apple watch available at retail locationsEric Thayer

The Apple Car is Delayed Again: Will It Actually Happen?

A new report says Apple’s mysterious Project Titan is being scaled back.

For several years now, Apple has been working on an on-again, off-again car project called Project Titan. Even by the standards of one of the world’s largest companies, Apple has poured a ton of money into the project. It’s purported to be a potential “next big thing” for the brand to follow iconic consumer products like the iPhone. 

That is, if it ever actually comes to fruition. According to a report from Bloomberg, the oft-postponed Apple Car project has been delayed yet again —and it may not be as cool as many people had hoped.

The Apple Car has reportedly been pushed back to 2028

Apple was purportedly prepping to launch the Apple Car in 2026, which seemed wildly ambitious considering how long new vehicle development takes. Per Bloomberg, the vehicle will now arrive in 2028 at the earliest. 

And the Apple Car won’t be self-driving … at least, at launch

A major leap forward for the Apple Car project, according to reports, was that it was supposed to offer Level 4 autonomy, which would mean the car could drive itself on public roads. Apple could even potentially launch such a vehicle without a steering wheel and pedals. 

According to Bloomberg, Apple has ratcheted back those ambitions. The plan is now to launch the Apple Car with Level 2+ driver assistant software — similar to GM’s hands free Super Cruise technology. The plan would be to eventually move to a Level 4 system.

tesla model 3 2024 in gray on a road in front of a mountain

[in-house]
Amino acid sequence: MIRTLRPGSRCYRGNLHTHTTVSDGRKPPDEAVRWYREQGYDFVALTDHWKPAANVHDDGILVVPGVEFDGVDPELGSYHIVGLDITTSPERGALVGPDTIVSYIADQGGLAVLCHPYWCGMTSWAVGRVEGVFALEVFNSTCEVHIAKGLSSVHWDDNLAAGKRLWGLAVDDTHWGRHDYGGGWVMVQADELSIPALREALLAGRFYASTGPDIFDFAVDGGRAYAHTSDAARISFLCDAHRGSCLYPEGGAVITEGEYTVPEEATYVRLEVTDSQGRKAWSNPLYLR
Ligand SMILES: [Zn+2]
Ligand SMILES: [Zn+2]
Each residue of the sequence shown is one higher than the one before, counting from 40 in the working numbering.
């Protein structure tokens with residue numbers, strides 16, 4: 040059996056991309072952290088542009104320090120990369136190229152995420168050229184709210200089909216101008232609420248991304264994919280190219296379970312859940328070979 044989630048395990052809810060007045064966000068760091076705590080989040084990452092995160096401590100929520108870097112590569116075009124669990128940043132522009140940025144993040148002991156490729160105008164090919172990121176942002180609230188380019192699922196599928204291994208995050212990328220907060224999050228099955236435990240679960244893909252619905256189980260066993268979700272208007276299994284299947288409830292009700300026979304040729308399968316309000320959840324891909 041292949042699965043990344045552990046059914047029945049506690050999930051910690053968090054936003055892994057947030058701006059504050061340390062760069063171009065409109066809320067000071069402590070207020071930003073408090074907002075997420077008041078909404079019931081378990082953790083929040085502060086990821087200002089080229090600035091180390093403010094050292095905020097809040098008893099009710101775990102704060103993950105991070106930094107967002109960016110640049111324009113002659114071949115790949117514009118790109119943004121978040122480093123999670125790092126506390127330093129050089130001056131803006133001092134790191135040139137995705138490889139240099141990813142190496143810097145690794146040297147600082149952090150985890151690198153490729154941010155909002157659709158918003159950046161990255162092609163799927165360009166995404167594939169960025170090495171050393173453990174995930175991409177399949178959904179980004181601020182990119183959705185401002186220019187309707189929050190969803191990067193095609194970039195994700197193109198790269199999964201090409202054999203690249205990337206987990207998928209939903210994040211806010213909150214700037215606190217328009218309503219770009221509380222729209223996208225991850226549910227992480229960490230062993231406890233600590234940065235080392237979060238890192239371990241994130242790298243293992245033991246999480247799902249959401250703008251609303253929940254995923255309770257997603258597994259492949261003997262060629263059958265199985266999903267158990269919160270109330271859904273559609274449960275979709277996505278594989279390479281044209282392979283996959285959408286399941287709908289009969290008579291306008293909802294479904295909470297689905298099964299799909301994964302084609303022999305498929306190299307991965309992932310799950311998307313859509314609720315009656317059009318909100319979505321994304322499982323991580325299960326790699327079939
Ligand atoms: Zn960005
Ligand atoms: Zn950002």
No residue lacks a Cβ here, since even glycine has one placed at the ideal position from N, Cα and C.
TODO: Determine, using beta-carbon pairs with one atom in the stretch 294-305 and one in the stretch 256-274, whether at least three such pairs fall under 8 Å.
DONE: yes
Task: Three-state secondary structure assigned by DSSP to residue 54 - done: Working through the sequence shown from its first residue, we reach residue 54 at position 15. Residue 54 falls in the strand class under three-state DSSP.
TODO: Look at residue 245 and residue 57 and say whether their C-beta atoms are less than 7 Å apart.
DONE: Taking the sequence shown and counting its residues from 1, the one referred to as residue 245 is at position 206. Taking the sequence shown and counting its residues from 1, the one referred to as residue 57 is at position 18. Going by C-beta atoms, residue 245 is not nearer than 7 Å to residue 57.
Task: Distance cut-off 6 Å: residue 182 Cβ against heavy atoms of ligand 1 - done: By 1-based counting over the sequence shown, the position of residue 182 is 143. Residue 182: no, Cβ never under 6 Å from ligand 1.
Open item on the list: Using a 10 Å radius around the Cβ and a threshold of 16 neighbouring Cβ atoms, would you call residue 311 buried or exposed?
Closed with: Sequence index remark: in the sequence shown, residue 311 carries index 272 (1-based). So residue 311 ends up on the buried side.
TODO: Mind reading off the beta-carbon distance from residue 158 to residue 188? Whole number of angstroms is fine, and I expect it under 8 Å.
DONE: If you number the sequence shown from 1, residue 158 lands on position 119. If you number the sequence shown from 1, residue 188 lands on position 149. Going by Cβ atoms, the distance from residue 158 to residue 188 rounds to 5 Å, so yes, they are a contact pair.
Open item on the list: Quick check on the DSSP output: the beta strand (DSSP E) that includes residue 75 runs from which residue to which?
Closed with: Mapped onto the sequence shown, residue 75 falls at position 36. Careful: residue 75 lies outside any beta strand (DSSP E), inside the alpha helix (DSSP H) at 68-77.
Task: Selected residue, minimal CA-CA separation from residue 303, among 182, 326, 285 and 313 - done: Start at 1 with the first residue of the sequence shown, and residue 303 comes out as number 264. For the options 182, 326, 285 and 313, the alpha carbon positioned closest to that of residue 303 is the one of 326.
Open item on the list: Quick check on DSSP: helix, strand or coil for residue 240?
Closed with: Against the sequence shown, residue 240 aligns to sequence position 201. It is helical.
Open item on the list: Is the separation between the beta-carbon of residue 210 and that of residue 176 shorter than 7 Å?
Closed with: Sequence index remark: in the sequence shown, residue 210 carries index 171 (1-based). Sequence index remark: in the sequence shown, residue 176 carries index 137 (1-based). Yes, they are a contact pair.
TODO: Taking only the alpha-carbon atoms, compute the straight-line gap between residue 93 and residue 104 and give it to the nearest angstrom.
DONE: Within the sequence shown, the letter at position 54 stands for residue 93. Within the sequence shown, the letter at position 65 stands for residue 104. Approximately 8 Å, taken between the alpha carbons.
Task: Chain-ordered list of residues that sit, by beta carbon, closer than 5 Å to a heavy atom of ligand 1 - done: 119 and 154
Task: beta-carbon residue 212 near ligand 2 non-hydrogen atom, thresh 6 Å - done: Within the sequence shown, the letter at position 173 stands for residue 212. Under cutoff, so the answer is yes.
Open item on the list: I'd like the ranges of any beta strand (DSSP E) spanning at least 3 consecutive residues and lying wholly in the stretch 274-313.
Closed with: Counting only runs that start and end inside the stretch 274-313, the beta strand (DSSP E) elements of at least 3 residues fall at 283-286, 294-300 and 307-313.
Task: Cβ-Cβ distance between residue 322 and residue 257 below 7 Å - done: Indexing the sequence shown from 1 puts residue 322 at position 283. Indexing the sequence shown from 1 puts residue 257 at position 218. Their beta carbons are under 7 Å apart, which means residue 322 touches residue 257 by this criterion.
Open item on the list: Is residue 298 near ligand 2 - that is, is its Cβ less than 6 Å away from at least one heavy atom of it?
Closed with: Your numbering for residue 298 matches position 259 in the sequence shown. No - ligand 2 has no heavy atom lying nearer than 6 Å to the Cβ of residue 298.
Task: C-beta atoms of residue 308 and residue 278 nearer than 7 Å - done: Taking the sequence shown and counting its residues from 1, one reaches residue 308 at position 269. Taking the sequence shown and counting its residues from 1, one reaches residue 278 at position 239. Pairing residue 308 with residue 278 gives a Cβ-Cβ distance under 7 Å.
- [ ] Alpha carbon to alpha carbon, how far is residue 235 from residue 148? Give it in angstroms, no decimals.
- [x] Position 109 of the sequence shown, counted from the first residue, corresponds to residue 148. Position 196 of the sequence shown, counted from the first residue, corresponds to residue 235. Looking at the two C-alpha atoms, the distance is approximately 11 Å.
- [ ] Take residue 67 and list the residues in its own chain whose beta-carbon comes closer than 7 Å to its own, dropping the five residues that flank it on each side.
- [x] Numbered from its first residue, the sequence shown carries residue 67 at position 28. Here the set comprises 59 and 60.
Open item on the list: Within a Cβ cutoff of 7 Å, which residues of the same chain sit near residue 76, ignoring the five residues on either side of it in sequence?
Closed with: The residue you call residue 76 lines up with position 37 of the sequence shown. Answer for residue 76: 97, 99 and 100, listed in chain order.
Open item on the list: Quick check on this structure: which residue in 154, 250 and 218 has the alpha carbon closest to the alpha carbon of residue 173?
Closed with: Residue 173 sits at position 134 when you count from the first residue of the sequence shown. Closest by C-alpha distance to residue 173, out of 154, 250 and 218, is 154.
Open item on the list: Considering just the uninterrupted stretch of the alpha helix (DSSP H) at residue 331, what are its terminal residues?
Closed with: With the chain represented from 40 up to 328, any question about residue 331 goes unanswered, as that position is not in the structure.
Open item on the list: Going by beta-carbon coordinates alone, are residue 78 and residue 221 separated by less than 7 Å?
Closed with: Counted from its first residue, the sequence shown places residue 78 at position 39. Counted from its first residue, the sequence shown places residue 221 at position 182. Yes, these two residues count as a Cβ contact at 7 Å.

An eventual Apple Car could start at more than twice the price of a Tesla Model 3.

How much will the Apple Car cost?

It’s expected to be pricey. Apple reportedly lowered its target price, from more than $120,000 to just below $100,000. That would still make the Apple Car more expensive than a Tesla Model S Plaid and more than twice the price of a Tesla Model 3. 

Is the Apple Car really going to happen? 

That is the question. On the one hand, not predicating the car’s arrival on Level 4 autonomy makes an Apple Car arrival in the 2020s much more realistic. But on the other, not having that cutting edge, paradigm-altering technology makes it harder to see why Apple would want to build a car at all.

Developing a car is expensive. Building cars at scale can be a painstaking logistical nightmare … particularly if you’re building supply chains up from scratch. If the only novelty Apple plans to add is sleek aesthetics and a more seamless user interface front, it’s not hard to see Apple execs wondering why they should bother.